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Interview questions about problem-solving

Use these interview questions about problem-solving to discern how candidates approach complex situations and find out whether they can solve problems effectively.

Why you should ask candidates about problem-solving

Everyone is confronted with problems at work. Before you recruit anyone, therefore, you should test candidates’ ability to solve problems in the questions you ask at the interview.

Problem-solving questions show you how candidates:

  • tackle complex problems;
  • handle data to get to the bottom of the problem;
  • perform in stressful situations;
  • respond when their assumptions are being challenged.

Use your interview questions to identify candidates who are focused on getting results. Look for people who think analytically and show potential for solving problems. Candidates with the ability to spot, foresee, or even avoid a problem will stand out. Applicants should also be able to explain how they would solve a problem and prevent it from happening again.

These sample interview questions about problem-solving are designed to help you be able to follow how candidates go about finding solutions.

Use these questions in combination with those about analytical skills and critical thinking.

Sample interview questions about problem-solving

  • Tell me about a problem that you had to solve without any input from a manager. How did you do it and what was the outcome?
  • Tell me about a problem that you identified and solved before it became urgent.
  • Tell me about a problem that you were able to foresee happening. How did you prevent the situation from escalating?
  • Describe a situation in which you faced serious difficulties in carrying out your work. What were these difficulties and how did you overcome them?
  • Tell me about a time when you successfully applied your crisis management skills.
  • A new project that you are looking after has the potential to bring in a lot of revenue but could put your company in a tricky position from a legal perspective. How would you handle it?
  • How do you know whether you can solve a problem on your own or whether you should ask for help?

Tips for assessing candidates’ problem-solving skills

  • During your conversation, invent hypothetical scenarios that could easily arise on the job. Avoid unrealistic problems that are not relevant to your company.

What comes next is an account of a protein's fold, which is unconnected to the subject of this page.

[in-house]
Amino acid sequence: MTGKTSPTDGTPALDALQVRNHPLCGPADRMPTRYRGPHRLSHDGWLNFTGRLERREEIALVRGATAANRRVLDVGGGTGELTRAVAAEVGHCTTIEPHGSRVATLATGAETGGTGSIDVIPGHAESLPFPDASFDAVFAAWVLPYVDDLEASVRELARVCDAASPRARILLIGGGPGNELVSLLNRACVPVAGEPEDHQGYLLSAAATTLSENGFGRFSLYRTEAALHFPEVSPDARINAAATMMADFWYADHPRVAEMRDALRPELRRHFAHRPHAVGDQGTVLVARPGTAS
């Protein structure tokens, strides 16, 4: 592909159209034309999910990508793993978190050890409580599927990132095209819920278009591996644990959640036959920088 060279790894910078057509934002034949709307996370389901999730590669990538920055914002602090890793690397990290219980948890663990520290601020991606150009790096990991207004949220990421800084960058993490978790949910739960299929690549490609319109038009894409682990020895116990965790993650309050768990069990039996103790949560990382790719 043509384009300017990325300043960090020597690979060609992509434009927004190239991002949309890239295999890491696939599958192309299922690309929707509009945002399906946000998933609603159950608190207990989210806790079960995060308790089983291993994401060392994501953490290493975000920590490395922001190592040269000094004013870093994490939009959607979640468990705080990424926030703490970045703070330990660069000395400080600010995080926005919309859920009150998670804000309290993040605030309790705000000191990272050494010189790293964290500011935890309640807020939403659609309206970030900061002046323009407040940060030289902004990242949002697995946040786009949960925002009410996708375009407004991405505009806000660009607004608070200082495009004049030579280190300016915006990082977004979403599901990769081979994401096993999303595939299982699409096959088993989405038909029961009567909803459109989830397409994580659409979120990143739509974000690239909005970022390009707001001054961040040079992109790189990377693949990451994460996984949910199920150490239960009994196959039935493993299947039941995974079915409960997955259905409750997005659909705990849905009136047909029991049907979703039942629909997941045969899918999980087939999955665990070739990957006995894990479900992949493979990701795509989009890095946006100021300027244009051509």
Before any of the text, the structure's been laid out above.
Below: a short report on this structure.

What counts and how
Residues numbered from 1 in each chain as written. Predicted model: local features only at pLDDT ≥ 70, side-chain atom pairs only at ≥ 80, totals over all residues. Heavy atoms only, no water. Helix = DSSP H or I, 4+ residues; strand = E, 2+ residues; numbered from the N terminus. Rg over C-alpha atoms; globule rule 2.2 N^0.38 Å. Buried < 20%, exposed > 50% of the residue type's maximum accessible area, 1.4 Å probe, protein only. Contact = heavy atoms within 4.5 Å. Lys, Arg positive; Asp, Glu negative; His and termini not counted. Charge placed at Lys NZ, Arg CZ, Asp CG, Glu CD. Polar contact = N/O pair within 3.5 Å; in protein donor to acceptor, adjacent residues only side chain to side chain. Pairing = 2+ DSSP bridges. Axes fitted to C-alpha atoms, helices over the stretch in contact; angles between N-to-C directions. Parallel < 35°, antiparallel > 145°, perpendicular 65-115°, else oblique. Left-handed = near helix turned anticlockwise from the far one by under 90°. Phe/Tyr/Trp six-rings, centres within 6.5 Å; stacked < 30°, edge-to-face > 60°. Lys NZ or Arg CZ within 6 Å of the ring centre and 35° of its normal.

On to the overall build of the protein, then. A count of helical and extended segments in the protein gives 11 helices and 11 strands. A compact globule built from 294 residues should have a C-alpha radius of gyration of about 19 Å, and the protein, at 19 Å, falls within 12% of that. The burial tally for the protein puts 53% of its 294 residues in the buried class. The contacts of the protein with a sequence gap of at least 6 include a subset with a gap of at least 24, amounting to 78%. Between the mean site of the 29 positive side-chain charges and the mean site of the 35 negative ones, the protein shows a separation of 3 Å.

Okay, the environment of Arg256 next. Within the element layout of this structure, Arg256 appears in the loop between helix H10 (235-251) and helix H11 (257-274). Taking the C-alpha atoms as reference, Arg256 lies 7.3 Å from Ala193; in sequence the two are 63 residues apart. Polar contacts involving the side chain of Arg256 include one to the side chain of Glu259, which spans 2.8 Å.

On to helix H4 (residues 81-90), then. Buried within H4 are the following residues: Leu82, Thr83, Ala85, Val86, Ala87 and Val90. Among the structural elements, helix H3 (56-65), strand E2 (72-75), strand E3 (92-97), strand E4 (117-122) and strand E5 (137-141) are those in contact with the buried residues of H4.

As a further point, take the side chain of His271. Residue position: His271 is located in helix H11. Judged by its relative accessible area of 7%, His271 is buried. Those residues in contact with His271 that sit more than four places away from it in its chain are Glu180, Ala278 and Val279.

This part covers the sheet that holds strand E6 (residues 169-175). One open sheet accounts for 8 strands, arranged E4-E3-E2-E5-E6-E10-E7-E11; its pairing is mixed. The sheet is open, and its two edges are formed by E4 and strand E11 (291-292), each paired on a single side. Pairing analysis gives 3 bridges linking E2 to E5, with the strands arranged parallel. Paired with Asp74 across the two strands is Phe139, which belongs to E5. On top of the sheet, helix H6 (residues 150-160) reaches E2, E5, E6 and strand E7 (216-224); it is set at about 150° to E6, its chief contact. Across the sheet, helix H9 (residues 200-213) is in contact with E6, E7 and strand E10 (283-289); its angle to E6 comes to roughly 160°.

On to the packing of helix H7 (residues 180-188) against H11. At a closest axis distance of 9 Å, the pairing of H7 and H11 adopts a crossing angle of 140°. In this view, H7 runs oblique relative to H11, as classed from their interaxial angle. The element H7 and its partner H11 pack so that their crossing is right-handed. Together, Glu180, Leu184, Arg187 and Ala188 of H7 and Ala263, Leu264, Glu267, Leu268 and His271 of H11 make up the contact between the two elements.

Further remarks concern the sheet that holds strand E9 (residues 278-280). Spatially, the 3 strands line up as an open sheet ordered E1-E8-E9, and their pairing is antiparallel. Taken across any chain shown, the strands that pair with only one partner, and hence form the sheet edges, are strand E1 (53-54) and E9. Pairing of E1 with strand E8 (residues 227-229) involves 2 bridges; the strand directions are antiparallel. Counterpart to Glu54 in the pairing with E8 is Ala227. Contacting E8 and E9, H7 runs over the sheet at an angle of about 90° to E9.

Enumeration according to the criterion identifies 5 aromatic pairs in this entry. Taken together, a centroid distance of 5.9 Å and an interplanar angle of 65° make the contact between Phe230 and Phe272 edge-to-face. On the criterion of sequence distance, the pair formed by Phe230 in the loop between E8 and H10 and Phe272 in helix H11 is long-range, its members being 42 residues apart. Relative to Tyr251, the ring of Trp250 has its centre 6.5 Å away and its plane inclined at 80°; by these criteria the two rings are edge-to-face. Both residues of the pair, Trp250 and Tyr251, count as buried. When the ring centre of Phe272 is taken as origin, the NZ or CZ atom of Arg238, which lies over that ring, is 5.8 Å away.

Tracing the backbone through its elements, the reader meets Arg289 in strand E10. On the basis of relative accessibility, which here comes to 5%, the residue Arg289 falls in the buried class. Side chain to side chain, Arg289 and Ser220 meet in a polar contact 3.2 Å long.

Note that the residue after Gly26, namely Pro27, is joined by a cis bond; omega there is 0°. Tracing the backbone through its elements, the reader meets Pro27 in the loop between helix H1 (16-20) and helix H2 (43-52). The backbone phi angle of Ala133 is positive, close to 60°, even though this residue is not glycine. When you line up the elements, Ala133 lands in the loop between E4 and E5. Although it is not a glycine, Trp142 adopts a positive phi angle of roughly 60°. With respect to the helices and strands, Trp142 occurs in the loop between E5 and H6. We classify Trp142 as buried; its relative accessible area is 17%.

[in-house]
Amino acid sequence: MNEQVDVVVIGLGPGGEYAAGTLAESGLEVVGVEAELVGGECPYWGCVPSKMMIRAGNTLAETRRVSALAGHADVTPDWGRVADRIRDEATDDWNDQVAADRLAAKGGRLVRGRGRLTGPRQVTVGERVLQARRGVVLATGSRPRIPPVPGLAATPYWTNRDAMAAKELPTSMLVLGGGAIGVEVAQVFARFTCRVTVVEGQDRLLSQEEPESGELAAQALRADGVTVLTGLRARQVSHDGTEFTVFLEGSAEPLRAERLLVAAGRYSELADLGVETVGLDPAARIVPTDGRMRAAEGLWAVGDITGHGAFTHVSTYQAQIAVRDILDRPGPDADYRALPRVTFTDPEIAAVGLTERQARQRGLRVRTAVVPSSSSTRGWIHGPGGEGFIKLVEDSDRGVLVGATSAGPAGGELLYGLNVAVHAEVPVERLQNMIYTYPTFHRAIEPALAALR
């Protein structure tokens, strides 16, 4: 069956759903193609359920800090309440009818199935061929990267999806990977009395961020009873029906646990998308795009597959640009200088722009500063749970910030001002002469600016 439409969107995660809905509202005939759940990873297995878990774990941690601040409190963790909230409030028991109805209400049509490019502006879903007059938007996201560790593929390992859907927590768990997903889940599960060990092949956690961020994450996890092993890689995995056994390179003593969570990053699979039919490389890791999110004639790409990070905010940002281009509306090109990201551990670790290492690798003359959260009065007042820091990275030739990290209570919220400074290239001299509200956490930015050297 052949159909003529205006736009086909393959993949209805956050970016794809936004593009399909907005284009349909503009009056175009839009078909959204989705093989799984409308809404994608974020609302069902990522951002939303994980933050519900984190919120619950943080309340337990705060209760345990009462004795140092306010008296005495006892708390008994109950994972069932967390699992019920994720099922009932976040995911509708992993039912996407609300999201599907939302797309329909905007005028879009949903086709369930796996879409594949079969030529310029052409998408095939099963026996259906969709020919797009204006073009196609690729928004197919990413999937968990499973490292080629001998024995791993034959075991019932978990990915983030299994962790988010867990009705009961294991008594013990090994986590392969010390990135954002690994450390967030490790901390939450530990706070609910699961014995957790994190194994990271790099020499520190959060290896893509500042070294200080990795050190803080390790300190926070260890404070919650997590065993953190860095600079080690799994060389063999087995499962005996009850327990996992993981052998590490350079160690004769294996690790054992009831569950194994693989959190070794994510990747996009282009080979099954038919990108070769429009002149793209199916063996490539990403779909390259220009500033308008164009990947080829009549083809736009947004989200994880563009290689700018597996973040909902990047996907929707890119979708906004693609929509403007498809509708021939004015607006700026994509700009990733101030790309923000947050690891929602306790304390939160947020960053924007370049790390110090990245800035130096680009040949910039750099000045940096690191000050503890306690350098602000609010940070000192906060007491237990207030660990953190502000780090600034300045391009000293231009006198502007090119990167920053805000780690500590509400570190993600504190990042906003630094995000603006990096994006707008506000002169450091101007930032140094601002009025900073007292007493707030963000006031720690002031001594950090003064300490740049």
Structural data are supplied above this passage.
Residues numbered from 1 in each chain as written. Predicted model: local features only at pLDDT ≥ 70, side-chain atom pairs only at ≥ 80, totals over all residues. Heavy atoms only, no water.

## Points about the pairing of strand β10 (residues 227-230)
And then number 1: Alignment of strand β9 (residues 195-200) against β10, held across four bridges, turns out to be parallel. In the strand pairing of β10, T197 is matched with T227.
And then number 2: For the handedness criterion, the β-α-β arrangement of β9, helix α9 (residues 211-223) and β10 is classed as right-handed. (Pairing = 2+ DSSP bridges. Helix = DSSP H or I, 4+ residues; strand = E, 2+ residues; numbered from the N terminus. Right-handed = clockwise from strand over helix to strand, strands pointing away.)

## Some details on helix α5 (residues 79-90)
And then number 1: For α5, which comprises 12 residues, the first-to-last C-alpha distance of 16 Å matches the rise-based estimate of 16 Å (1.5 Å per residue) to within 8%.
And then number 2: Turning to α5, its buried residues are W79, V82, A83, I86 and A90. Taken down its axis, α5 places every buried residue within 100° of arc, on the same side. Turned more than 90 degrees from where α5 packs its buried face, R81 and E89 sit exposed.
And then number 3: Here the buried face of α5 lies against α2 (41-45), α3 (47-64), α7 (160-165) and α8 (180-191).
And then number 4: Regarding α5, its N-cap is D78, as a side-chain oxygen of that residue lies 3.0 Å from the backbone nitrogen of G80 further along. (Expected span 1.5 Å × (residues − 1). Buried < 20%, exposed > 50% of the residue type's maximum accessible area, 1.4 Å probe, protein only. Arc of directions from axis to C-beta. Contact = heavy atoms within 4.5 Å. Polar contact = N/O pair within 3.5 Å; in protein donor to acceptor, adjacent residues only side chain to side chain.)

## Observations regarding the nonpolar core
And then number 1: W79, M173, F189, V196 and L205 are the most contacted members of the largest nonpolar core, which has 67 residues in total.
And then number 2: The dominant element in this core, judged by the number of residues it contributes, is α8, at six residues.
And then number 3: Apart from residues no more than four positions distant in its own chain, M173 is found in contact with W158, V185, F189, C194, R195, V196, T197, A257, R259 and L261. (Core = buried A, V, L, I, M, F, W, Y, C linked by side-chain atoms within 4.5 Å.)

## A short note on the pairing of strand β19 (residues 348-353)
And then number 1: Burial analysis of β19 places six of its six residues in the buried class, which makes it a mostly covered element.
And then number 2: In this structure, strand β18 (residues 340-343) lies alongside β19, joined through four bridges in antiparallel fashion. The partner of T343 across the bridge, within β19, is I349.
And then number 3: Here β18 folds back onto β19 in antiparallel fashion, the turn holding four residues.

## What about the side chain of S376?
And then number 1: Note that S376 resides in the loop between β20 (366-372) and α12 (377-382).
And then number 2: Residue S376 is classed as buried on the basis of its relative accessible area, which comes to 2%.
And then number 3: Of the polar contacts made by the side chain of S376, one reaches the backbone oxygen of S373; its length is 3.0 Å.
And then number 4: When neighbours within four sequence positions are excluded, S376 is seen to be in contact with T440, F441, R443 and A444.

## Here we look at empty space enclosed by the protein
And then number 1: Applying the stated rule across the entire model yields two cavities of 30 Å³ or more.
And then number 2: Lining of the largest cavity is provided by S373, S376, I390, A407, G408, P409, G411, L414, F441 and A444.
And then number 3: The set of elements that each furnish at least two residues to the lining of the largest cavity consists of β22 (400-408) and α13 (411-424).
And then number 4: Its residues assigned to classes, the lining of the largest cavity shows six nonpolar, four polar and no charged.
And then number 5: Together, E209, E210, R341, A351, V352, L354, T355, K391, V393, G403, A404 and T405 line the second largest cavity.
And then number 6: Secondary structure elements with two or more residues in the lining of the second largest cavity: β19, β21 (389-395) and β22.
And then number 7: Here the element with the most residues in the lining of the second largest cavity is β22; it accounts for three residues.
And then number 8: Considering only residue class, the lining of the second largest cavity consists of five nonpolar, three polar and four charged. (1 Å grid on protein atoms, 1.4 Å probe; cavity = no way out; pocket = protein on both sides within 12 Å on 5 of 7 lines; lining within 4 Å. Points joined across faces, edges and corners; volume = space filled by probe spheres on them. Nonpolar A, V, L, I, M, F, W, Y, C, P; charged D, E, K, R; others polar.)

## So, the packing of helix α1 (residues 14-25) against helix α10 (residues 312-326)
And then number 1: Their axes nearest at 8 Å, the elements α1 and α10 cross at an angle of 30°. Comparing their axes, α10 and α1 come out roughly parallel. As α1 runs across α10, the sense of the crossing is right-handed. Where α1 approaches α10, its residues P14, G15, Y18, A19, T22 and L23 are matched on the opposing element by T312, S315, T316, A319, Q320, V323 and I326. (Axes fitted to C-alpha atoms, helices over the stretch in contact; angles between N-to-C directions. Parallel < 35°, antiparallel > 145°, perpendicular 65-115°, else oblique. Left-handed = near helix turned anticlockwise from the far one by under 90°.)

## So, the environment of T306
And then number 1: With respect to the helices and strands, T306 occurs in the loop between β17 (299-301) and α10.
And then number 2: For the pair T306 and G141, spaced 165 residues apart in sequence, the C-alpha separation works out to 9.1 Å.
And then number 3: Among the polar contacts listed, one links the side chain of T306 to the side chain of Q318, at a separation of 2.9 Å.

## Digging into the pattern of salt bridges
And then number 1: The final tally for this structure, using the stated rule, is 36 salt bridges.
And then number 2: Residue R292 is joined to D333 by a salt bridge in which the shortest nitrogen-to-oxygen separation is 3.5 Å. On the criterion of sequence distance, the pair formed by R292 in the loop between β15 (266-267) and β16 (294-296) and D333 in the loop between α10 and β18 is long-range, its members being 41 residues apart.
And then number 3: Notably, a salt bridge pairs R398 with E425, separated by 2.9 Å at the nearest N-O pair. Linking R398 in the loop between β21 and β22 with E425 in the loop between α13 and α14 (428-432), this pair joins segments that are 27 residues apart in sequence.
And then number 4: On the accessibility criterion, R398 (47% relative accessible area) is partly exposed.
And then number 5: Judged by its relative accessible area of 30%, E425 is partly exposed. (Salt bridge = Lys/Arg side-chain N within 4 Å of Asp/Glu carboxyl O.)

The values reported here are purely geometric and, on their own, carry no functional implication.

• Observe how candidates tackle a problem step by step, from identifying and analyzing it through to comparing different solutions and picking the most effective one.
  • Look for candidates who come up with innovative approaches to solving a problem. Creative minds can open up new perspectives and add value to companies.
  • Staff should show commitment and a willingness to perform when problems occur. Ask about situations in the past that called for problem-solving skills. If the candidates were determined to find the best approach to solving the problem, they will make good employees.
  • Most complex situations require teamwork. Good candidates will be those who have also been able to work well with other people in their previous jobs to reach decisions. This means that they will also ask for help when they need it.
  • If you are seeking employees for a technical position, ask questions related to the vacancy and the work the job would involve. Questions like “How would you fix bug XY?” will show you whether the candidate is able to tackle the problem effectively.

Warning signs

  • Applicants don’t answer the question. If candidates can’t think of any examples from their previous experience, this could indicate that they tend to avoid difficult situations.
  • Applicants give pre-rehearsed answers. A general comment such as “I once had a customer who complained about the price. I managed to calm him down and still sealed the deal,” doesn’t reveal much about the candidate’s thought process. Ask follow-up questions to hear more detailed information from them.
  • Applicants focus on the problem, not the solution. Identifying the problem is only one piece of the puzzle. Finding out how to solve it, however, is more important. Candidates who pay too much attention to the problem and largely ignore the solution could have too negative an attitude for the position.
  • Applicants seem very stressed. Being a bit nervous and flustered in an interview is completely normal. If candidates are so stressed that they can’t answer any questions, however, this could indicate that they handle stressful situations badly.
  • Applicants give superficial answers. Candidates who seek the quickest way out of a problematic situation often ignore many aspects of the problem. For this reason, look for candidates who analyze information and scrutinize it more closely.
  • Applicants try to portray a problem as insignificant or trifling. Issues that are left unaddressed can quickly grow into bigger problems. The sort of employee who simply lets things be might not be dedicated or results-focused enough for their work.

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